Tuesday, June 21, 2022
Tuesday, June 14, 2022
|Two Years Into Covid by Martin Kotyluk 2022 acrylic on canvas (detail)|
It is a thing.
To not mention it would be lying and I try to tell the truth here.
Our lives have changed because of that pandemic.
Our ways of being with other people have changed.
(my baking got better, my introversion got worse)
|Cabin Dream in the Big Muddy by Rob O'Flanagan 2020-2022 acrylic on linen (detail)|
My eye doctor had to close her local office.
Which meant that I had go into Sudbury for my check up.
I have not been going anywhere other than to the mailbox so this was huge.
Ned came too. It was his almost birthday and so we had a date.
(My distance vision got better, my myopia got worse.)
|Sick and Tired by Andrew McPhail 2021 sequins on bedsheet|
We went to two art exhibitions because they were there.
Both exhibitions had a pandemic slant.
|Pandemic Partners by Rita Vanderhooft 2021 photographic print on paper|
Art Gallery of Sudbury: "is this real life?"
A juried exhibition with a wide variety of media including ceramics, glass, textiles, photography, sculpture and painting. It was thought provoking. It was interesting. I found beauty too.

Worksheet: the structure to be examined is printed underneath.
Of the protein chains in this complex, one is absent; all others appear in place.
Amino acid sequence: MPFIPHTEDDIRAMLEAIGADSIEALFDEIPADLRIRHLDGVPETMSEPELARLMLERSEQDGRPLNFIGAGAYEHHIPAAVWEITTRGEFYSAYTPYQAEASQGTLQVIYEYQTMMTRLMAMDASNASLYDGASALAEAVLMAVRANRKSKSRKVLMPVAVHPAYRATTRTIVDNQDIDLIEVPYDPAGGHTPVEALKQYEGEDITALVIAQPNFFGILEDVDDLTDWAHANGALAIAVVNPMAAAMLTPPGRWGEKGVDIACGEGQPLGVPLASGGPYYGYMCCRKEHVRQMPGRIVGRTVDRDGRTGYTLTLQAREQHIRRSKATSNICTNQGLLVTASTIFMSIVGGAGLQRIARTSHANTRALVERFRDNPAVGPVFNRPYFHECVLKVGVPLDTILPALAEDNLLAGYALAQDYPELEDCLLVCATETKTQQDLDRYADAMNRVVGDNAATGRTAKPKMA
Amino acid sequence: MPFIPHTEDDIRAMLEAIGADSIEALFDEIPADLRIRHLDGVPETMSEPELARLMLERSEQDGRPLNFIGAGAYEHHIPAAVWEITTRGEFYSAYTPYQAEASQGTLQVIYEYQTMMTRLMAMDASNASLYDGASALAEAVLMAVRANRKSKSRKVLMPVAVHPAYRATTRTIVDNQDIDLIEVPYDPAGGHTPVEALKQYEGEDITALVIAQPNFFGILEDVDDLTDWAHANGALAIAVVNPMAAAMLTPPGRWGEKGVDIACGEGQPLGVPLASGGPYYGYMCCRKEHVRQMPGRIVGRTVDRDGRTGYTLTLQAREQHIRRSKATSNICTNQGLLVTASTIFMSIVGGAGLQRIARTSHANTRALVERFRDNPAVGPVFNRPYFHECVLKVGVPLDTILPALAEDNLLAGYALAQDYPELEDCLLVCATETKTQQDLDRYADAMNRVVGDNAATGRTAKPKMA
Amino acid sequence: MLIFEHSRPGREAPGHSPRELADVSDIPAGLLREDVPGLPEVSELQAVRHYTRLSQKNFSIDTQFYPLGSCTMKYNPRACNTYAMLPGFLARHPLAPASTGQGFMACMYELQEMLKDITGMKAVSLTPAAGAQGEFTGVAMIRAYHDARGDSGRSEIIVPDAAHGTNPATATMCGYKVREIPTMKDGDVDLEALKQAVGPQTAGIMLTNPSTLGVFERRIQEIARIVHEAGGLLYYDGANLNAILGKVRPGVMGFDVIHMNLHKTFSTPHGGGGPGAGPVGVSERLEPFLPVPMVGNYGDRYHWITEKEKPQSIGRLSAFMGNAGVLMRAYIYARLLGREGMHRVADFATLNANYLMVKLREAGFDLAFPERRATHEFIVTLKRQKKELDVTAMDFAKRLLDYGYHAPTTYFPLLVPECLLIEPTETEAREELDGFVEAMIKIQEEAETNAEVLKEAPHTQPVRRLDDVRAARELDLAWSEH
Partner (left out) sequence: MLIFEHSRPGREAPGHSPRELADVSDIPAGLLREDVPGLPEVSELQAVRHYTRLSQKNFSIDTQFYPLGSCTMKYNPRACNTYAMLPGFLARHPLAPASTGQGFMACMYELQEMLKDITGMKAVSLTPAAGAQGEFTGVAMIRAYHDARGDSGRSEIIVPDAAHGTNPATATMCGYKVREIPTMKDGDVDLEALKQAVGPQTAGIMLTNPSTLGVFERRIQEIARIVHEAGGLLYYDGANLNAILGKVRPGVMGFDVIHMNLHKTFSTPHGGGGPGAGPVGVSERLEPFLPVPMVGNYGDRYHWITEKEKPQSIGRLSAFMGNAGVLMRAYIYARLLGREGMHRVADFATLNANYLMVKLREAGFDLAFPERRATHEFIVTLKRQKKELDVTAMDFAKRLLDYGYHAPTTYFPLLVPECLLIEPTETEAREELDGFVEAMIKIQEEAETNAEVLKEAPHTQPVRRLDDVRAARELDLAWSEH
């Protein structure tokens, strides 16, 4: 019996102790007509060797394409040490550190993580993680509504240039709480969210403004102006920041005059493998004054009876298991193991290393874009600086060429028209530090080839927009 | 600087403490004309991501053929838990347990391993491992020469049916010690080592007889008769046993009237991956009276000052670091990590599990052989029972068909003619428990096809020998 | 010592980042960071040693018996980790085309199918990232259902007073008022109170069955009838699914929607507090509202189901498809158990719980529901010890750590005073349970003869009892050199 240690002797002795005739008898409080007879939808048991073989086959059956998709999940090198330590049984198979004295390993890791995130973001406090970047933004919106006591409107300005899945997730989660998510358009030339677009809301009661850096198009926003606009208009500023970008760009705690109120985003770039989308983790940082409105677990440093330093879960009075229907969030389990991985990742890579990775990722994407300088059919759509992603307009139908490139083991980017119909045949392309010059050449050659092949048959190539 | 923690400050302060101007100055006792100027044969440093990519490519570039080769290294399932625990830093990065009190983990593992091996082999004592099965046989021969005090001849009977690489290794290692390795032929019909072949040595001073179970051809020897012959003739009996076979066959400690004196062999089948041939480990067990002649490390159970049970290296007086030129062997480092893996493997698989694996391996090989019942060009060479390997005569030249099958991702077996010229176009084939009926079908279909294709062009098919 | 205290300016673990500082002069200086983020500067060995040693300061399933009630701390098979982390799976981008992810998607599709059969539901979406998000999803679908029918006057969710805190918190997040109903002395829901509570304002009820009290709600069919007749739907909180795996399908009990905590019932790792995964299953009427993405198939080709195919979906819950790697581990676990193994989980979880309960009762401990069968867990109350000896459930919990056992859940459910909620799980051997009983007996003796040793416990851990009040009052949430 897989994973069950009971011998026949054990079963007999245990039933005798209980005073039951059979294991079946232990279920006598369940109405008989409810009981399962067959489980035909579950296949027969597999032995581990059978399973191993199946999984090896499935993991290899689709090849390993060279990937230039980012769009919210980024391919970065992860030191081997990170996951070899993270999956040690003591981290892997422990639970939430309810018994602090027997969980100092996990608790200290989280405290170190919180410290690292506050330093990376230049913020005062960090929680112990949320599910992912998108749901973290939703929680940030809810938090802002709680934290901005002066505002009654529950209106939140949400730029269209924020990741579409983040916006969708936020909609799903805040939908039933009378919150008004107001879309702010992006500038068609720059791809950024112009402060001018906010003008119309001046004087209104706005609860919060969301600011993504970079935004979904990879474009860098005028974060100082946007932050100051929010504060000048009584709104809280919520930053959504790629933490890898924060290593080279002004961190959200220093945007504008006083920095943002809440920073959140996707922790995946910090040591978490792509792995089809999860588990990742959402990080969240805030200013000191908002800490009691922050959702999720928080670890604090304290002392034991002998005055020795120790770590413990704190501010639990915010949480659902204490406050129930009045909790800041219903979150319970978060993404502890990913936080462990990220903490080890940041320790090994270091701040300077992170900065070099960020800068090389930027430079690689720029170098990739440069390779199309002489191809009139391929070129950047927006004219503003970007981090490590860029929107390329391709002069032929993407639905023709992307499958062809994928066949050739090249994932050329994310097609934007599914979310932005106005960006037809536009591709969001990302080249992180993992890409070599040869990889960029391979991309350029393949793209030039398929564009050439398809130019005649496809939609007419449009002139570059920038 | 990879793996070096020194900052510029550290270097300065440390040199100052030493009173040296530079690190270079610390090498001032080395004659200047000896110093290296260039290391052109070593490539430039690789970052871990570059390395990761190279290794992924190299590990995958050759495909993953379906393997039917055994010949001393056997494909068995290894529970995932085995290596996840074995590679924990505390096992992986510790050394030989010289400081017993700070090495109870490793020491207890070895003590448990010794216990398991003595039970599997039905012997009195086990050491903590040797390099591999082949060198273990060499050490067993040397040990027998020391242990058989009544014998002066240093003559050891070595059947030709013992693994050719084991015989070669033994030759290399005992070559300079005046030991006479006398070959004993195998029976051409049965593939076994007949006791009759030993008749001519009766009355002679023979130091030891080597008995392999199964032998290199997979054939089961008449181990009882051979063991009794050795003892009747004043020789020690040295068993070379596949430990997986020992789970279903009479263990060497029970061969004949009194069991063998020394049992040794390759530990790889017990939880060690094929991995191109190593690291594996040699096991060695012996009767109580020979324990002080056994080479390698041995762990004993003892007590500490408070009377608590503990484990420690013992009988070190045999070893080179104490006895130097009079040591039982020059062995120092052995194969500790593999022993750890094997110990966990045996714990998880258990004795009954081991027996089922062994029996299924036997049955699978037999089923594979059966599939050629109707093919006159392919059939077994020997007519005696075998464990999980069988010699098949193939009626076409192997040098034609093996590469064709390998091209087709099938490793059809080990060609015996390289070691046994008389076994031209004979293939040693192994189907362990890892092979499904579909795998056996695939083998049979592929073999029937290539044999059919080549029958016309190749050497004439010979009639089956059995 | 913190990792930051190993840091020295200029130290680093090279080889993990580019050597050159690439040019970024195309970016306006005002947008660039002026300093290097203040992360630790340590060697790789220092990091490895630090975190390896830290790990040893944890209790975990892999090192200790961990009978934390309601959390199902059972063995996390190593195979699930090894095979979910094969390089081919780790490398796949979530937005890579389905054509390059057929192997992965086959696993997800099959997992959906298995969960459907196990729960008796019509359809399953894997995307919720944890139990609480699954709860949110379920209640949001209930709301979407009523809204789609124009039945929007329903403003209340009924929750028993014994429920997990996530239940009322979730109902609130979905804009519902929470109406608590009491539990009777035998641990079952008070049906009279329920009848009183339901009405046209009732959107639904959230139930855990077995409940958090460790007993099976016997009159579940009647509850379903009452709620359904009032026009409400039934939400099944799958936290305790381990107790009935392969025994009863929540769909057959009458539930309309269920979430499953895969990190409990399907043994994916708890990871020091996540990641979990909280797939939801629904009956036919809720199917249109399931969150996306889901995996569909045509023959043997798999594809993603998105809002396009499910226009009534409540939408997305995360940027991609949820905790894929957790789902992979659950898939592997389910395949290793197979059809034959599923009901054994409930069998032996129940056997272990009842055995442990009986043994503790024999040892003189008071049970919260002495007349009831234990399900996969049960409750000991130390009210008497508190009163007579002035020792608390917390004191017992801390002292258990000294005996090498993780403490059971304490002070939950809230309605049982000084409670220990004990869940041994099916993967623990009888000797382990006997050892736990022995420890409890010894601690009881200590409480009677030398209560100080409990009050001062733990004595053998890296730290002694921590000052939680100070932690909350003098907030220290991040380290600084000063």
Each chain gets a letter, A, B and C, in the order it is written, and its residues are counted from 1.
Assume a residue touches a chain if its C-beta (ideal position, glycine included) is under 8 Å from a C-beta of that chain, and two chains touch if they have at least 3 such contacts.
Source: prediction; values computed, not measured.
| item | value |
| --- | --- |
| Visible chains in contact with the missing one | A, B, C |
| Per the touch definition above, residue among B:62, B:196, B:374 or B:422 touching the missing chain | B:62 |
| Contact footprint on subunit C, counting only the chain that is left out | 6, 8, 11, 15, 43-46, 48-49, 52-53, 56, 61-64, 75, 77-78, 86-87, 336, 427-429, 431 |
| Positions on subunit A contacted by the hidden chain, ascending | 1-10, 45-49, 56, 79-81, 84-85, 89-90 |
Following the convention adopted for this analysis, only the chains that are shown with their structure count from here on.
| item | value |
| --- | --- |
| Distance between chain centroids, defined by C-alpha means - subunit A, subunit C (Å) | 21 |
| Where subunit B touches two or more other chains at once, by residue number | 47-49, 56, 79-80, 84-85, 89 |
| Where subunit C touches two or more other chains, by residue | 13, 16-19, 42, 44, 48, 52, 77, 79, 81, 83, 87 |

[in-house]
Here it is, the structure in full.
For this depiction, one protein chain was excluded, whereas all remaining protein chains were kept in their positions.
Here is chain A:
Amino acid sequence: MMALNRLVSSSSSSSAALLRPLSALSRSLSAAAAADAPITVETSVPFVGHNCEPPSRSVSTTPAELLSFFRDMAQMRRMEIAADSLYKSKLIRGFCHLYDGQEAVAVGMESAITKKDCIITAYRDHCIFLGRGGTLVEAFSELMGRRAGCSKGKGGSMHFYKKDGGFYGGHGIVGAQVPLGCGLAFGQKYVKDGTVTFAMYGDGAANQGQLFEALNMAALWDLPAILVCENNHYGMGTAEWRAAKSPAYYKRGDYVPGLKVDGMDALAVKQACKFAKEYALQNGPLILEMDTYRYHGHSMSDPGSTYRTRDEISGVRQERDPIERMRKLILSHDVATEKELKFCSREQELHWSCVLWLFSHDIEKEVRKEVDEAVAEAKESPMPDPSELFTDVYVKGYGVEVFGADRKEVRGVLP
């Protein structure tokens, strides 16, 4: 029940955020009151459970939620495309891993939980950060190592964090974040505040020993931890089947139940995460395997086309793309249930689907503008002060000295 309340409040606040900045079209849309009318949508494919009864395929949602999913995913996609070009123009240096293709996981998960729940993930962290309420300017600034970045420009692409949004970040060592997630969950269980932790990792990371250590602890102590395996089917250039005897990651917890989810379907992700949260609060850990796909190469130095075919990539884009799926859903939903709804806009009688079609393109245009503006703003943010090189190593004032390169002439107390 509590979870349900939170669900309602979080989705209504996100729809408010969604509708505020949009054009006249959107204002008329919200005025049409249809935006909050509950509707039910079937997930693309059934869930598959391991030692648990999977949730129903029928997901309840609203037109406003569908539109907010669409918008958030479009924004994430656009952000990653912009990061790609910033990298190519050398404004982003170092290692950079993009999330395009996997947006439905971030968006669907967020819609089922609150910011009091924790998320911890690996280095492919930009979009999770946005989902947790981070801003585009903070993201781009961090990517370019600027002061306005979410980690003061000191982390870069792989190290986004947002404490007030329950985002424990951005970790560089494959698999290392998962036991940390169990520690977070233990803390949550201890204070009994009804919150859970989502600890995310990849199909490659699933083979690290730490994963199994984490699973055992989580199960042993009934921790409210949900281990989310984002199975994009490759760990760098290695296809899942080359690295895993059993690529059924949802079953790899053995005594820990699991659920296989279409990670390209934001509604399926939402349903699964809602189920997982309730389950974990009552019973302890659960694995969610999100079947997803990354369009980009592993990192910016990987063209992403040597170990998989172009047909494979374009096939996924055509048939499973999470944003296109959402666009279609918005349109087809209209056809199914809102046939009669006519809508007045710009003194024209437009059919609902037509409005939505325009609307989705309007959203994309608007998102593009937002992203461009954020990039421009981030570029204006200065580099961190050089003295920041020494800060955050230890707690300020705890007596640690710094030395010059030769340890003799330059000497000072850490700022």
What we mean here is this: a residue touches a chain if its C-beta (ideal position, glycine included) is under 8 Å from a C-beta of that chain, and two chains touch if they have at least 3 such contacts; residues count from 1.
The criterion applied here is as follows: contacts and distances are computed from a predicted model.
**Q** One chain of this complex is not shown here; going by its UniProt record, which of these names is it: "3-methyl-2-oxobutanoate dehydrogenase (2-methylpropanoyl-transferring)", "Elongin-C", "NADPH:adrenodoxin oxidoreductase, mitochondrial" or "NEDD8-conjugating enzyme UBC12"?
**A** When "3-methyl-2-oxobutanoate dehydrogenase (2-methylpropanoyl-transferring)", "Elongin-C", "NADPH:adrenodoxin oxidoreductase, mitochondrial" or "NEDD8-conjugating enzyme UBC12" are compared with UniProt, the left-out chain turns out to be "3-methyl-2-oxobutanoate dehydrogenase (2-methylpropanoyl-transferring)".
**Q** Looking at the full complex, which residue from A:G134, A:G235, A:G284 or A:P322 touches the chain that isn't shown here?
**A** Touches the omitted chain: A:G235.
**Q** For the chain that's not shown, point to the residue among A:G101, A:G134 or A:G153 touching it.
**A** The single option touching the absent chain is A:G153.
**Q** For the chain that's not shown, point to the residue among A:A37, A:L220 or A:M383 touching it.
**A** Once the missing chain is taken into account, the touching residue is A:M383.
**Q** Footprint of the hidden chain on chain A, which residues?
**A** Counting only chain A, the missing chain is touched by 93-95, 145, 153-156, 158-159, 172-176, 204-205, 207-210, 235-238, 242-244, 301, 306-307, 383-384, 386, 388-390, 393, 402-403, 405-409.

I recognized many of the names, I am friends with some of the artists.
|In The Shadows no 1 - 7 Trish Stenabaugh 2022 digital print on paper|
Gallery 6500: (a new gallery that has popped up in the hallway of the steelworkers union office)
Also thought provoking, this exhibition was self organized by the 'peer mentors group' of artists and poets. The loss of one of their members over the winter, Ray Laporte, may have been the trigger for this exhibition that was entitled "Lost and Found".
I am friends with some of the artists.
|Lost Dreams Elizabeth Holmes and Gunhild Hotte 2021 acrylic on canvas|
I wanted you to know that all this is happening in Sudbury.
Art. Poetry. Loss.
I'm changed because of our trip to the city.
I keep thinking about the art.
|Cabin Dream on the Big Muddy by Rob O Flanagan|
I'd almost stopped thinking about the pandemic, but it's a thing.
It's a whirl.
Friday, May 27, 2022
A I've been visiting a place that encourages me to work by instinct.
Q What is the name of that place?
Q What do you do all day?
A I make my own coffee and don't follow my usual routine.
There is absolutely no agenda on the weekends.
However, during the work week, I work.
The difference is that the solitude gives me a feeling of freedom.
I can't explain it.
I don't think about the work first. I don't plan it.
I just start.
It's as if I am a four year old child and the adult who loves me gives me construction paper and scissors and crayons and says: "make art".
So I just start. The adult who loves me (myself) tells me to.
I didn't know that I was going to make it when I went to bed the night before.